One reason to listen to the two-disc Brains on Fire is to hear then-current and up-and-coming jazz luminaries dig deeply into material which spans the perceived gap between avant-garde, post-bop, tone-row experiments and European serialist composition. The eight long pieces (four per disc) were recorded between 1966 and 1974 and feature 17 artists (as well as an orchestra), including trumpeter Jimmy Owens (who worked with Miles Davis in the '50s and was a founding member of the Thad Jones/Mel Lewis Orchestra), bassist Reggie Workman (notable for his work with John Coltrane, Art Blakey’s Jazz Messengers and Yusef Lateef), and future stars such as saxophonist/flutist Joe Farrell (who subsequently had crossover success on the CTI roster) and a young Dee Dee Bridgewater (a few years before fame found her, when she was still singing with the Thad Jones/Mel Lewis Orchestra).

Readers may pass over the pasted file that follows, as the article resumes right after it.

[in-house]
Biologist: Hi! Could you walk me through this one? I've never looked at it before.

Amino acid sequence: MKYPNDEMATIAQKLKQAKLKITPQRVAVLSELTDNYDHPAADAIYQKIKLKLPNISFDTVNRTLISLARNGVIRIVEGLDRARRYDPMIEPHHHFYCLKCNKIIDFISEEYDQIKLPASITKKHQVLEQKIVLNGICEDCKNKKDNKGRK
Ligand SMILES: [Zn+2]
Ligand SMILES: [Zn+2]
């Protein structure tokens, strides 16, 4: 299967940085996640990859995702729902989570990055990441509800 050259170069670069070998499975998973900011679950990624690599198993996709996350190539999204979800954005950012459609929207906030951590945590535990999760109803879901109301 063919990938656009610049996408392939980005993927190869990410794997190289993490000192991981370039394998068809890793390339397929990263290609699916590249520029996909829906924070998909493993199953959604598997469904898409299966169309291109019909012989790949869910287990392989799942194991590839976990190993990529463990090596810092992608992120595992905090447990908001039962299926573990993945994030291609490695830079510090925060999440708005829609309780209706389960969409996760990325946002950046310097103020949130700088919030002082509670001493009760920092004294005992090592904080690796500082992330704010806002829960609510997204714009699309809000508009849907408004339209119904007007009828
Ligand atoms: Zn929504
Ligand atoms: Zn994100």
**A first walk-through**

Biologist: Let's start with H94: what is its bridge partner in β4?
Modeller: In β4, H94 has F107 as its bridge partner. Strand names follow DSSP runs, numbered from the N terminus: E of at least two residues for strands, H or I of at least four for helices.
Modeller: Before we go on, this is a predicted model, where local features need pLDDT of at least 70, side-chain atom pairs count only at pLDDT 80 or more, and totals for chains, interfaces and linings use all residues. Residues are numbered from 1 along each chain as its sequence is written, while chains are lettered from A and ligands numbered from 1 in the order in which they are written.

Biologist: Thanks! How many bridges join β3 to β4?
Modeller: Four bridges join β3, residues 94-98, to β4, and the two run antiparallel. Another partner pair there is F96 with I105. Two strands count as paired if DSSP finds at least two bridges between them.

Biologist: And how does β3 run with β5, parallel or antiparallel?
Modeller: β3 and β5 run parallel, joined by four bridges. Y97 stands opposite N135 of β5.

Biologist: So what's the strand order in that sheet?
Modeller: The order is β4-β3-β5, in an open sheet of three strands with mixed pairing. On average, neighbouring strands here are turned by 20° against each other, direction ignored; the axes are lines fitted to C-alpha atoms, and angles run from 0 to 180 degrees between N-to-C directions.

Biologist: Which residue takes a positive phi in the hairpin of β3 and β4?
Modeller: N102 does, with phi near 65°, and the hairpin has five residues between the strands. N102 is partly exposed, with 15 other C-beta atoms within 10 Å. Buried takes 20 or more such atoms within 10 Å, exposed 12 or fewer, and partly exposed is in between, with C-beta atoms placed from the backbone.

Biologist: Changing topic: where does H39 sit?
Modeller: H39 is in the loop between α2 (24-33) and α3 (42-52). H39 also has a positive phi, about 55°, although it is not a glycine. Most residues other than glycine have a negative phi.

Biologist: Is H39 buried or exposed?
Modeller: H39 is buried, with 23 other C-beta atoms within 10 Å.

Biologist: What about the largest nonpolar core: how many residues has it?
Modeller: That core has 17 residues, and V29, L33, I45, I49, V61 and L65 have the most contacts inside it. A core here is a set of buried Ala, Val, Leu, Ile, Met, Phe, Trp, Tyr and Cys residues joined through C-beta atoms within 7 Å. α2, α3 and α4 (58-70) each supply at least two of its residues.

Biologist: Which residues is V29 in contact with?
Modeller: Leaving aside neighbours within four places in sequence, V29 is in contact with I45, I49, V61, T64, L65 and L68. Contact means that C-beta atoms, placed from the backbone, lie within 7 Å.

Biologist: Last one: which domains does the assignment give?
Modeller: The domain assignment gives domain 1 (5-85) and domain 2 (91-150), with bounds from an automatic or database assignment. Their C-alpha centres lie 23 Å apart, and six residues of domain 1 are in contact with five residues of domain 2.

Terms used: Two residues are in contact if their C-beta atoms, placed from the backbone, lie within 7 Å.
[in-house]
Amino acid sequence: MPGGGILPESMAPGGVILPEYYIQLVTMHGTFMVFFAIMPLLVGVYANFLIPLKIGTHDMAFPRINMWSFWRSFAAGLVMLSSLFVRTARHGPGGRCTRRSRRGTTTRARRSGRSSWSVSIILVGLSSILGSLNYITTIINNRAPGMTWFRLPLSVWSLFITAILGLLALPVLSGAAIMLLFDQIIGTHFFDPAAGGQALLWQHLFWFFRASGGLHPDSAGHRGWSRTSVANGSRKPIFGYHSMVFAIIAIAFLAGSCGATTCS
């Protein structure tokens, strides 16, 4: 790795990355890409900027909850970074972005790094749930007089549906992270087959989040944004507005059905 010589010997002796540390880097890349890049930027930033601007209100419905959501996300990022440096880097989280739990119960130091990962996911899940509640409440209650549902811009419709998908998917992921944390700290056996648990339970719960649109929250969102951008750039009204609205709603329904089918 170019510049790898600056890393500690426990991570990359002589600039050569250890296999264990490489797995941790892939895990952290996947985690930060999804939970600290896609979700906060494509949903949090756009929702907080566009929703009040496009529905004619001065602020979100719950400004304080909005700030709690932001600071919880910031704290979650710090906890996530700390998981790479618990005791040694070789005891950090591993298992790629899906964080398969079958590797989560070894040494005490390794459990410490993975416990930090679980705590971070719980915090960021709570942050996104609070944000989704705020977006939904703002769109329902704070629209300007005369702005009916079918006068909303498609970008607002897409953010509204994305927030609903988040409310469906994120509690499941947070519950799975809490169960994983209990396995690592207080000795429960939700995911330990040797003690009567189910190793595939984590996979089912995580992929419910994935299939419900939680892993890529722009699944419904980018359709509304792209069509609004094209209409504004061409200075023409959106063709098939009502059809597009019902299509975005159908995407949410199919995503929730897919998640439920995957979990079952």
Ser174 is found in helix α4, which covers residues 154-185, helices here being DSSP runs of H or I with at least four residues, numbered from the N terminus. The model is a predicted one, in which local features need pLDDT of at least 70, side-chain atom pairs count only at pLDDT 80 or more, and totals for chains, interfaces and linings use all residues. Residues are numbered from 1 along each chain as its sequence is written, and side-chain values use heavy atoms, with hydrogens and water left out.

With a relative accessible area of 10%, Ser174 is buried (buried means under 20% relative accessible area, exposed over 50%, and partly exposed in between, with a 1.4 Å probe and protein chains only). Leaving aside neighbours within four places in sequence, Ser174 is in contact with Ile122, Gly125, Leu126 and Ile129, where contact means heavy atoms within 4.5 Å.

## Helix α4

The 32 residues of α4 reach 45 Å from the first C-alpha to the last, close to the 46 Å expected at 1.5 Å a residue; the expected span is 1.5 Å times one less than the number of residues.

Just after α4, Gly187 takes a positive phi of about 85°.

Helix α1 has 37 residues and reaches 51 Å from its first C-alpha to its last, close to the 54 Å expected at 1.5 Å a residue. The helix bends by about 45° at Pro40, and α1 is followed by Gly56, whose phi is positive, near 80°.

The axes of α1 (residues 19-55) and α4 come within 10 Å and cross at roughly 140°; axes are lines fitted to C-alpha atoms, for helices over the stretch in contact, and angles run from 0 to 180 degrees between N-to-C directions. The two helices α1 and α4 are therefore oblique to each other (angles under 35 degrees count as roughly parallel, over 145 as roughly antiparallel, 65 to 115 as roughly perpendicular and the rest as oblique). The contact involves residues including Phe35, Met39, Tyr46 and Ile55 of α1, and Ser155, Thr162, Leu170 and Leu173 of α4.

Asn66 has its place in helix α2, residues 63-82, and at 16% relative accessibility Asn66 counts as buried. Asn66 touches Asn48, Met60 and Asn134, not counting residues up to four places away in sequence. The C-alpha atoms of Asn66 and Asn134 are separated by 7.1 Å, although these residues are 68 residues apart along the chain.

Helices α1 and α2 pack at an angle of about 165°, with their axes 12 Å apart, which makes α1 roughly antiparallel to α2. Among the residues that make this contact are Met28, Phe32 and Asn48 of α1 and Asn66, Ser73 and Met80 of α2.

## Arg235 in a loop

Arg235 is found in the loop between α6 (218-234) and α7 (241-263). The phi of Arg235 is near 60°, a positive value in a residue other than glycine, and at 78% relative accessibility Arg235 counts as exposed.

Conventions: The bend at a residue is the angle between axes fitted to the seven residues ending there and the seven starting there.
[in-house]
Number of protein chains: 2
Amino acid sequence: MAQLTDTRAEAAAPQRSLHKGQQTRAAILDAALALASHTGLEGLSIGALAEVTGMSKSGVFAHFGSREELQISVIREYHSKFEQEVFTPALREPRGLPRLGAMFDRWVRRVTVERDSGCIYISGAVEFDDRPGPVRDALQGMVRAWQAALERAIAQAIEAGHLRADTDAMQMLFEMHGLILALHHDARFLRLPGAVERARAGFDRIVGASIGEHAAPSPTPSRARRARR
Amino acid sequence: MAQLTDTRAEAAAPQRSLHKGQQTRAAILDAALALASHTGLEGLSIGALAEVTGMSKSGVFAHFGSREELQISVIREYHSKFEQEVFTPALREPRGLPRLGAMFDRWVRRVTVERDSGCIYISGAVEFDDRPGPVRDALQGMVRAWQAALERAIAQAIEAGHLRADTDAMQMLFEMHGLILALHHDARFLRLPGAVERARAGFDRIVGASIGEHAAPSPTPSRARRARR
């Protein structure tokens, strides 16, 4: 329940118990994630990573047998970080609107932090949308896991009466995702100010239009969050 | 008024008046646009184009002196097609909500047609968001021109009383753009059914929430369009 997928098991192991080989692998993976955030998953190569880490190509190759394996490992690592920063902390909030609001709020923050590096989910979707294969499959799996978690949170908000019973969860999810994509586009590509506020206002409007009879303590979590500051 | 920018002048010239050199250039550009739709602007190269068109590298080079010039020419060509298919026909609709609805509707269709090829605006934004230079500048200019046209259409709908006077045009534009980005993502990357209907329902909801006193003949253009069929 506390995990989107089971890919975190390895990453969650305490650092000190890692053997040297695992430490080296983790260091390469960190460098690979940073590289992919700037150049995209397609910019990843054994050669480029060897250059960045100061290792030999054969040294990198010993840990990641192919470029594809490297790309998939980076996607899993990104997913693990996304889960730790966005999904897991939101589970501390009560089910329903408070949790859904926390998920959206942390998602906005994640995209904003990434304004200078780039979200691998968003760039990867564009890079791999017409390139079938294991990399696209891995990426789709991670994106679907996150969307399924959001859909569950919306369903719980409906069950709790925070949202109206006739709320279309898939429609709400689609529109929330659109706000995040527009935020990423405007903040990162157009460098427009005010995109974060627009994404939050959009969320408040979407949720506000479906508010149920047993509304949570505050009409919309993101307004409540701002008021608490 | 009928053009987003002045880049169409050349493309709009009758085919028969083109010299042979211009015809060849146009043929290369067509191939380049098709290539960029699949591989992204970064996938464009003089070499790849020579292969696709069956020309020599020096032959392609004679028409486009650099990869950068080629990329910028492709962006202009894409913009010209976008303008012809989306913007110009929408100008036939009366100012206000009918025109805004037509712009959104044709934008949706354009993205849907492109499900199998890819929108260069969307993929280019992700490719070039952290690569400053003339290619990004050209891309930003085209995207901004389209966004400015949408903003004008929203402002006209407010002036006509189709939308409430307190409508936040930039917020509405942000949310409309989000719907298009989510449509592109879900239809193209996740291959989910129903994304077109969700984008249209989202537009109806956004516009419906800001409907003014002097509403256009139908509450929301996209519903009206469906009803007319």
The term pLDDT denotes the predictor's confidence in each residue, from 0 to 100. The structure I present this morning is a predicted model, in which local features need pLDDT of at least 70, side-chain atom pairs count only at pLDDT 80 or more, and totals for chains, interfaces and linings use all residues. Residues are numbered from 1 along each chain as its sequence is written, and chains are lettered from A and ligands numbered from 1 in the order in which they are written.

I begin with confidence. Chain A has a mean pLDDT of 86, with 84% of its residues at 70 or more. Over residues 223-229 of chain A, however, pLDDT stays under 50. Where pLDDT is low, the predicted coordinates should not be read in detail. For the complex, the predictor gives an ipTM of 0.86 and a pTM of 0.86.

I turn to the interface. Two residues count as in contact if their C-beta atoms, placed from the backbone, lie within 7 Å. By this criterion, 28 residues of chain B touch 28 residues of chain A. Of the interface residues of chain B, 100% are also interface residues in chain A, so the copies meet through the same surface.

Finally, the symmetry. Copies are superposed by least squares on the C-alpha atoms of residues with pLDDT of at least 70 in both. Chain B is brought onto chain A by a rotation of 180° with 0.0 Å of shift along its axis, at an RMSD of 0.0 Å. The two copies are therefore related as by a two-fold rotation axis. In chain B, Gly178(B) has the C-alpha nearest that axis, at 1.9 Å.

Stadler uses several ensemble configurations ranging from a bass/vocals duet to a quartet (on four tracks) to a big band. The first CD’s opener, “ No Exercise ” (taken from a 1973 session but making its debut here) features a sextet with a three-horn frontline (Owens on trumpet, Tyrone Washington on tenor sax and Garnett Brown on trombone) with a three-piece rhythm section (Stadler on piano, Brian Brake on drums and Workman). The 12-minute workout starts with Workman’s arco bass, followed by Owens’ warm trumpet and then the rest of the group steps up to help present Stadler’s avant-garde blues which is shaped by a 12-tone row. Workman’s astute bass is a highlight during this spontaneously-surging piece, but so is Washington’s unfettered sax. Since Washington later left music because of a religious conversion, Brains on Fire is one of the few places listeners can hear the obscure sax player display the width of his skills. Washington is also heard to great effect on three other tracks. The post-Coltrane “ Three Problems ” (a 1971 performance never before released) crosses the lines between hard bop and free jazz, and is an often-chaotic construction with Washington’s lacerating sax leading the charge. Workman adds a transcendent bass solo, which temporarily ebbs the high-energy level, but for the most part “ Three Problems ” is almost 13 minutes of roaring density. “ Heidi ” has a slower, spiritual treatment and listeners initially may find this to be the most coherent cut, although “ Heidi ” also eventually edges to a tumultuous portion where written and improvised sections are fused to the point where it is impossible to tell where one ends and the other commences. The other quartet tunes, “ U.C.S ” and “ All Tones ” (both on CD2), are parallel explorative compositions which delve into variations on texture, phrasing and theme akin to Coltrane’s brilliant free recitations such as Interstellar Space or Ornette Coleman’s vitality-fueled Free Jazz, where the music is elaborately extemporized and not easily absorbed in a single listen. Howard Mandel’s liner notes advise listeners to let “ U.C.S ” and “ All Tones ” sweep the listener along and it’s a good recommendation.